I am no fan of Arne Duncan’s, and I never have been. I want to state that up front so that my bias is known to the reader from the get go. If you like Arne Duncan…if you think he has been a good spokesperson for teachers and students and if you think he is doing a fine job as the Secretary of Education for the United States, you may want to skip this post. I won’t mind, I promise. But if you are as offended by some of the things Mr. Duncan says about teachers in general and about public education in particular as I am, you may want to continue reading.
Mr. Duncan’s most recent egregious remark was made at a meeting of the state schools superintendents on Friday. He said that he found it “fascinating” that some of the opposition to the Common Core State Standards has come from “white suburban moms who–all of a sudden–their child isn’t as brilliant as they thought they were, and their school isn’t quite as good as they thought they were.” Yes, he really said that.
Of course, Arne Duncan’s disdain for public education in America is well known and documented. He has said many things along this line ever since he was appointed to the post of Secretary of Education by President Obama. His frame of reference is Chicago’s public schools, and he has yet to broaden his perspective to include the many successful schools that are operating all over the country every single day. He has measured his assessment of the nation’s schools based on that Chicago experience, and he is apparently sincerely convinced that most of the schools in this country are under par. Furthermore, he is of the opinion that a large percentage of America’s teachers are so bad that they should be fired immediately.
Duncan has an arrogant tendency to dismiss those who disagree with him, much the way we might swat at a fly or wave off a gnat that is bothersome but generally inconsequential. Indeed, Duncan’s tendency to dismiss detractors and critics was the subject of an article written by Dr. Patricia McGuire, President of Trinity Washington University in Washington, DC. in yesterday’s Huff Post. She commented that he “uses the word ‘silly’ a lot these days to describe people who have points of view that differ from his on the topic of education reform, both K-12 as well as higher education.”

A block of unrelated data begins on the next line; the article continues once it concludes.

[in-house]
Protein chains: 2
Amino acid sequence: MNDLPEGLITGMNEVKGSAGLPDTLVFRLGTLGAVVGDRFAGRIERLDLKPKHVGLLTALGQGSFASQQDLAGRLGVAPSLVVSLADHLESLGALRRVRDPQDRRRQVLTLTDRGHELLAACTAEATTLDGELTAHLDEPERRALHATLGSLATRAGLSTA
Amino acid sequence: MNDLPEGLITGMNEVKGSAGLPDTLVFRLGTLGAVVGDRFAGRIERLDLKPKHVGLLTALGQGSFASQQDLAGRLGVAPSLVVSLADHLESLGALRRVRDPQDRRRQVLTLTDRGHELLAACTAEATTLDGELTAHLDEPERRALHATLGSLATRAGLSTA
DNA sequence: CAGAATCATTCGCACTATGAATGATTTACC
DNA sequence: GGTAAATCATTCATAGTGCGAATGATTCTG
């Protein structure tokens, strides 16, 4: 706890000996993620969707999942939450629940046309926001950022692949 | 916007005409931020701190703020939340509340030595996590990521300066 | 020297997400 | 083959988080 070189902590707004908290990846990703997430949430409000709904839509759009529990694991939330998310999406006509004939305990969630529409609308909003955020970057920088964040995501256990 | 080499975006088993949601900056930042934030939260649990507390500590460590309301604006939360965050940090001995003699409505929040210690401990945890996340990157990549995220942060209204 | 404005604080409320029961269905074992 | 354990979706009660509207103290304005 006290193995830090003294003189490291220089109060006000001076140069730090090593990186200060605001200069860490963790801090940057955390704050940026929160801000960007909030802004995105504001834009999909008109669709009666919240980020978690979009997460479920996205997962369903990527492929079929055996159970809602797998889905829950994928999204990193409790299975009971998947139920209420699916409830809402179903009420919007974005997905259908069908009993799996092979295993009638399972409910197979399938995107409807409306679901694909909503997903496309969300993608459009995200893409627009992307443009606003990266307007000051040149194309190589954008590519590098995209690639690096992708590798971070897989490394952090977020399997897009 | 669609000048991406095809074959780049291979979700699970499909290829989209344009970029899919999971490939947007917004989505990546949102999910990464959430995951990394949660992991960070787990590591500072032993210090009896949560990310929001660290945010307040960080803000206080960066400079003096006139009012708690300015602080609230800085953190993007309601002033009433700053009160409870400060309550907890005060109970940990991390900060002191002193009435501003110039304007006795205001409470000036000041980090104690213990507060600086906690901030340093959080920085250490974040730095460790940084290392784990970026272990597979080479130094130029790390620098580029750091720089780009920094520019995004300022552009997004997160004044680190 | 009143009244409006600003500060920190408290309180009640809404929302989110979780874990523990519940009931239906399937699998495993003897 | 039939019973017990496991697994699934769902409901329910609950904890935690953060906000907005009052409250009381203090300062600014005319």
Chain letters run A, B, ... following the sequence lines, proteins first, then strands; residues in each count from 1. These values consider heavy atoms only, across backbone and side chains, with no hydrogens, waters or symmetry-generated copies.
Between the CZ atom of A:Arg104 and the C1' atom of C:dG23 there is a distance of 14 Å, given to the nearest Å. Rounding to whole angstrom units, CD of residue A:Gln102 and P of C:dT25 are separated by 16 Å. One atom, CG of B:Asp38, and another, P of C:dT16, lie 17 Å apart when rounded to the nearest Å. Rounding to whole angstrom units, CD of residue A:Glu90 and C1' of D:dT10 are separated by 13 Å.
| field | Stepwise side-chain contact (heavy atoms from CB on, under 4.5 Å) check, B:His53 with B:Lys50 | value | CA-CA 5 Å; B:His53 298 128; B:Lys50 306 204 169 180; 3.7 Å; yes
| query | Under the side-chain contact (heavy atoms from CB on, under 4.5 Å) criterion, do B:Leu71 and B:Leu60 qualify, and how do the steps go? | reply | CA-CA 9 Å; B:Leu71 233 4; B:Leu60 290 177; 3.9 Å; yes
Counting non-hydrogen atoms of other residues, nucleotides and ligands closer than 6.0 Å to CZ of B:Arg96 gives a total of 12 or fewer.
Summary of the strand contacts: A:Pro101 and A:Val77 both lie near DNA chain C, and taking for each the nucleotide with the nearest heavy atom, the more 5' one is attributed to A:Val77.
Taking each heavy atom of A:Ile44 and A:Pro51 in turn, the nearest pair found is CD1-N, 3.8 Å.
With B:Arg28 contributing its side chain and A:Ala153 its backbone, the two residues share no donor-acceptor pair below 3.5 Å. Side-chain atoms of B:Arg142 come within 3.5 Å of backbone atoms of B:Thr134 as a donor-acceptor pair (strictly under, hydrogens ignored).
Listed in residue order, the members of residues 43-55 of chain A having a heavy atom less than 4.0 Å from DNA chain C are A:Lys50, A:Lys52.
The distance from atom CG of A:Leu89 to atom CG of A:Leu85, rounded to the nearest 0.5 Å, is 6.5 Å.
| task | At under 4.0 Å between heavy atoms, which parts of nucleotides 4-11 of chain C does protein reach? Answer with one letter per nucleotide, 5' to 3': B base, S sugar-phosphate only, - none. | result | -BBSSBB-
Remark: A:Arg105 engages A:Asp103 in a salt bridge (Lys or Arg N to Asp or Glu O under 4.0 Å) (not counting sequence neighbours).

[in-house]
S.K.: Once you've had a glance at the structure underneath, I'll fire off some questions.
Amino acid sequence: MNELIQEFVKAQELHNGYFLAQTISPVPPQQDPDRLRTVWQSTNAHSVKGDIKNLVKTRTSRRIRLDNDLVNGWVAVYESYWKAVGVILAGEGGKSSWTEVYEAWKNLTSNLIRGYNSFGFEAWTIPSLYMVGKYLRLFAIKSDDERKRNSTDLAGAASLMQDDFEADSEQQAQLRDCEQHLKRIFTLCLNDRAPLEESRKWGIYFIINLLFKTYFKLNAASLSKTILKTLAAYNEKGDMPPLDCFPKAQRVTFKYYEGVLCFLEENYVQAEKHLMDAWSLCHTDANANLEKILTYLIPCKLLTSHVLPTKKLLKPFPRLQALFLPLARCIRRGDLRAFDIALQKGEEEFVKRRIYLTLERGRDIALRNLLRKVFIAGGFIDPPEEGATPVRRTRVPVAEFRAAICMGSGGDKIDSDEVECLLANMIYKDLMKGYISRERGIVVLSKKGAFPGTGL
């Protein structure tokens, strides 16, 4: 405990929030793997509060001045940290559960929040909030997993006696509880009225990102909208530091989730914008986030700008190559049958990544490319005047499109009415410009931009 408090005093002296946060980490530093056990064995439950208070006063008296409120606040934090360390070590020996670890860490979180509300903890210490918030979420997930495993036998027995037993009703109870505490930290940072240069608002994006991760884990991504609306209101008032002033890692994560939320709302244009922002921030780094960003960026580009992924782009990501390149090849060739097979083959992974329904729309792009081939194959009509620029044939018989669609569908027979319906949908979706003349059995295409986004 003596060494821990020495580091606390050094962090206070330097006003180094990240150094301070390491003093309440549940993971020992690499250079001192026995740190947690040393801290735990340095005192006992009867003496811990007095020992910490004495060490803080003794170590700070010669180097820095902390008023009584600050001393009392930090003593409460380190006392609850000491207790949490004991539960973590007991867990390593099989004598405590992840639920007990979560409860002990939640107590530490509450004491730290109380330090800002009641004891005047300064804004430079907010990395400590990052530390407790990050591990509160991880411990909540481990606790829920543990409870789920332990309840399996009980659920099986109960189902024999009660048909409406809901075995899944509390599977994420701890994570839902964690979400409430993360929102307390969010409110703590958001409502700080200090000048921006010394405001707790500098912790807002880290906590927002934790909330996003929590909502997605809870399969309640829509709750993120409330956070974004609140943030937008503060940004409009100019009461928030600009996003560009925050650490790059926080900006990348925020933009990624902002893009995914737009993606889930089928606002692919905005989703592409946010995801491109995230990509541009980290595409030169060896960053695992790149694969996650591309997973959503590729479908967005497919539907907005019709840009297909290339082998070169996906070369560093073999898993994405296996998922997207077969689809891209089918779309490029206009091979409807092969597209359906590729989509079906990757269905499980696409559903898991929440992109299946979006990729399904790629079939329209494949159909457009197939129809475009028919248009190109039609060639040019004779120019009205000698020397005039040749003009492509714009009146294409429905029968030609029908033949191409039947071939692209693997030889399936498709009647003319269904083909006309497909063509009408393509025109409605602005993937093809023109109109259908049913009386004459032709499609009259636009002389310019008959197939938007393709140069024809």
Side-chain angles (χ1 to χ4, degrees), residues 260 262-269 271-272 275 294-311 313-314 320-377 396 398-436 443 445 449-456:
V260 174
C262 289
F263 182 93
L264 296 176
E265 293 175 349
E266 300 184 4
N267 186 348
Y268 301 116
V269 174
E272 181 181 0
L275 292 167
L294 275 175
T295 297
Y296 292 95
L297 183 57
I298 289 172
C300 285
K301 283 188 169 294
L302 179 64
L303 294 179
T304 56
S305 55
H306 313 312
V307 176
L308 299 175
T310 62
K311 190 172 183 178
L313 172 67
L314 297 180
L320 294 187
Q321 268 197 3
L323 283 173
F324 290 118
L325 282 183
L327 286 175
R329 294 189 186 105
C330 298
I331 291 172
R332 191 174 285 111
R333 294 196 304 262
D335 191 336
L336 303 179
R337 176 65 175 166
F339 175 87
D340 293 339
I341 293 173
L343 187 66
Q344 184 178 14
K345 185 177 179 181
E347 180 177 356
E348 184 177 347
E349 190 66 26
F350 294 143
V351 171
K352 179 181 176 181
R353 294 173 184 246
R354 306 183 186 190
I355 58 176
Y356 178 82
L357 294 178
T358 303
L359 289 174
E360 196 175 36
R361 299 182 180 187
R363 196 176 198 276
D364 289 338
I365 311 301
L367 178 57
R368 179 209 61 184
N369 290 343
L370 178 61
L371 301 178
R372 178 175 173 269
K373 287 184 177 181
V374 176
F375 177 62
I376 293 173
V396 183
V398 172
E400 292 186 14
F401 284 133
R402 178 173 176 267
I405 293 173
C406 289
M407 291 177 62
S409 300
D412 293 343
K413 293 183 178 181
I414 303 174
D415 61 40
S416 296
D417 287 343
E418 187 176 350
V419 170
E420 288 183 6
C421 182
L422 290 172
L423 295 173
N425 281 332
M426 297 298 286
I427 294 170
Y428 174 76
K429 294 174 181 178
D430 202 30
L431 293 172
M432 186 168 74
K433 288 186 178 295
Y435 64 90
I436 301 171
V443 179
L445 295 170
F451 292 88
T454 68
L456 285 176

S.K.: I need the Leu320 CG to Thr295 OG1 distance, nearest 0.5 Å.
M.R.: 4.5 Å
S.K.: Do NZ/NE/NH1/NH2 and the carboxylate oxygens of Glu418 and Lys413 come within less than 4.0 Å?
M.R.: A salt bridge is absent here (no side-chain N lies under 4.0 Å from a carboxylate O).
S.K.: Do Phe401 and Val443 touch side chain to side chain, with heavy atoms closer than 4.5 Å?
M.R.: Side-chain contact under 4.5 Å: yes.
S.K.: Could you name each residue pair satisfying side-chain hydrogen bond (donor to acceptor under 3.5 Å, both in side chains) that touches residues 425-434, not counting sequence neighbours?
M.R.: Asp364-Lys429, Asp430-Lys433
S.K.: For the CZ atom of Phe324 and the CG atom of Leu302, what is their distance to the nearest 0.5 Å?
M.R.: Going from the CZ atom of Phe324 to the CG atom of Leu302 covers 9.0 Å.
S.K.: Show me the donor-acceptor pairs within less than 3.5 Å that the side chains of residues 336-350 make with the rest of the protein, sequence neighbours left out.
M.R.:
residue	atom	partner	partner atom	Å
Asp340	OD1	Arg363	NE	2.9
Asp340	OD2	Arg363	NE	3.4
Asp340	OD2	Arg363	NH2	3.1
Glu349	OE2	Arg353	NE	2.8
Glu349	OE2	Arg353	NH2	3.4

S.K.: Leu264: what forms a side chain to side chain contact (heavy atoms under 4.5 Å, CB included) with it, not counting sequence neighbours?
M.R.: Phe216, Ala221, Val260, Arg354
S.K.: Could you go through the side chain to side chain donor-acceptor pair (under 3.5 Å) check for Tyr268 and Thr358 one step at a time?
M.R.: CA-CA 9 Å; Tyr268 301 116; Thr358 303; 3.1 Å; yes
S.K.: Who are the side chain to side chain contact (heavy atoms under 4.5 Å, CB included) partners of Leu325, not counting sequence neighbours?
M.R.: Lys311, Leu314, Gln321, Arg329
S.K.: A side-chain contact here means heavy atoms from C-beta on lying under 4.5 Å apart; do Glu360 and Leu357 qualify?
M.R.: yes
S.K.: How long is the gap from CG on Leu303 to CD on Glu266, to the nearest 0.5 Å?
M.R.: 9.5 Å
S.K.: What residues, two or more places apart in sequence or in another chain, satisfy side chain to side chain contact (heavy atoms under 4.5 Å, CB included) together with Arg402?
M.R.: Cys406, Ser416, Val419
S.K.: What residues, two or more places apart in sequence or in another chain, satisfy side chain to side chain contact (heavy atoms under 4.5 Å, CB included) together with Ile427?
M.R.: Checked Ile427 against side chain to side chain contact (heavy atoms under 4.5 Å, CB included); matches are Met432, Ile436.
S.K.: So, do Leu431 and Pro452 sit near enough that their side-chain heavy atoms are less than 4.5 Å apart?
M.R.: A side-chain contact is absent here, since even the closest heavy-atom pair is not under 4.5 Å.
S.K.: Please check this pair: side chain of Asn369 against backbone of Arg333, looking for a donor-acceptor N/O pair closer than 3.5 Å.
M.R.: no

I honestly haven’t decided yet how I feel about Common Core Standards. I know that the American Federation of Teachers (AFT) and the National Education Association (NEA) have offered support for them, and I think I understand why. And I wouldn’t go so far as to say that the standards are necessarily bad. I understand from some concerned critics of the standards that they are developmentally inappropriate, and if that is true, that is certainly worrisome and a legitimate source of concern. Having said that, I can appreciate the argument that having standards that have been adopted by every state might help students who move from place to place in this ever increasingly transient society. Students who move from California to Maine might benefit from having a more or less standardized curriculum so that a move doesn’t set them back because the curriculum in California is so markedly different from Maine’s curriculum, and vice versa. But I question the rush with which the standards are being implemented and the high stakes nature of the tests that continue to be tied not only to the standards but to teachers’ ability to get the students up to benchmarks which may or may not be realistic. Certainly the ultimate goal set for No Child Left Behind was not attainable. I wonder if it is possible that new goals being set by non-educators are similarly unrealistic and unattainable.
I don’t have an opinion about Common Core Standards, but I do have an opinion about Arne Duncan, and that is that he would do everyone involved a favor if he would step down and go to work for some for profit charter or testing corporation instead of abusing his current position the way he seems to be doing. A Secretary of Education should be a champion of public education. A Secretary of Education should be an exemplary educator. A Secretary of Education should have a deep understanding of the challenges that teachers face whether they are in our urban schools or our poorest rural schools. A Secretary of Education should believe that poverty is no excuse but not take away the resources that teachers need in order to work with the 16% of our students who live in poverty every day (20% of students under the age of 6 live in poverty). Mr. Duncan doesn’t get it, and unfortunately it doesn’t look like he is ever going to. He just continues to stick his foot in his mouth again and again. He continues to do more harm that good in the long run. I wish we had a champion as our Secretary of Education…but I guess I will just keep wishing for now.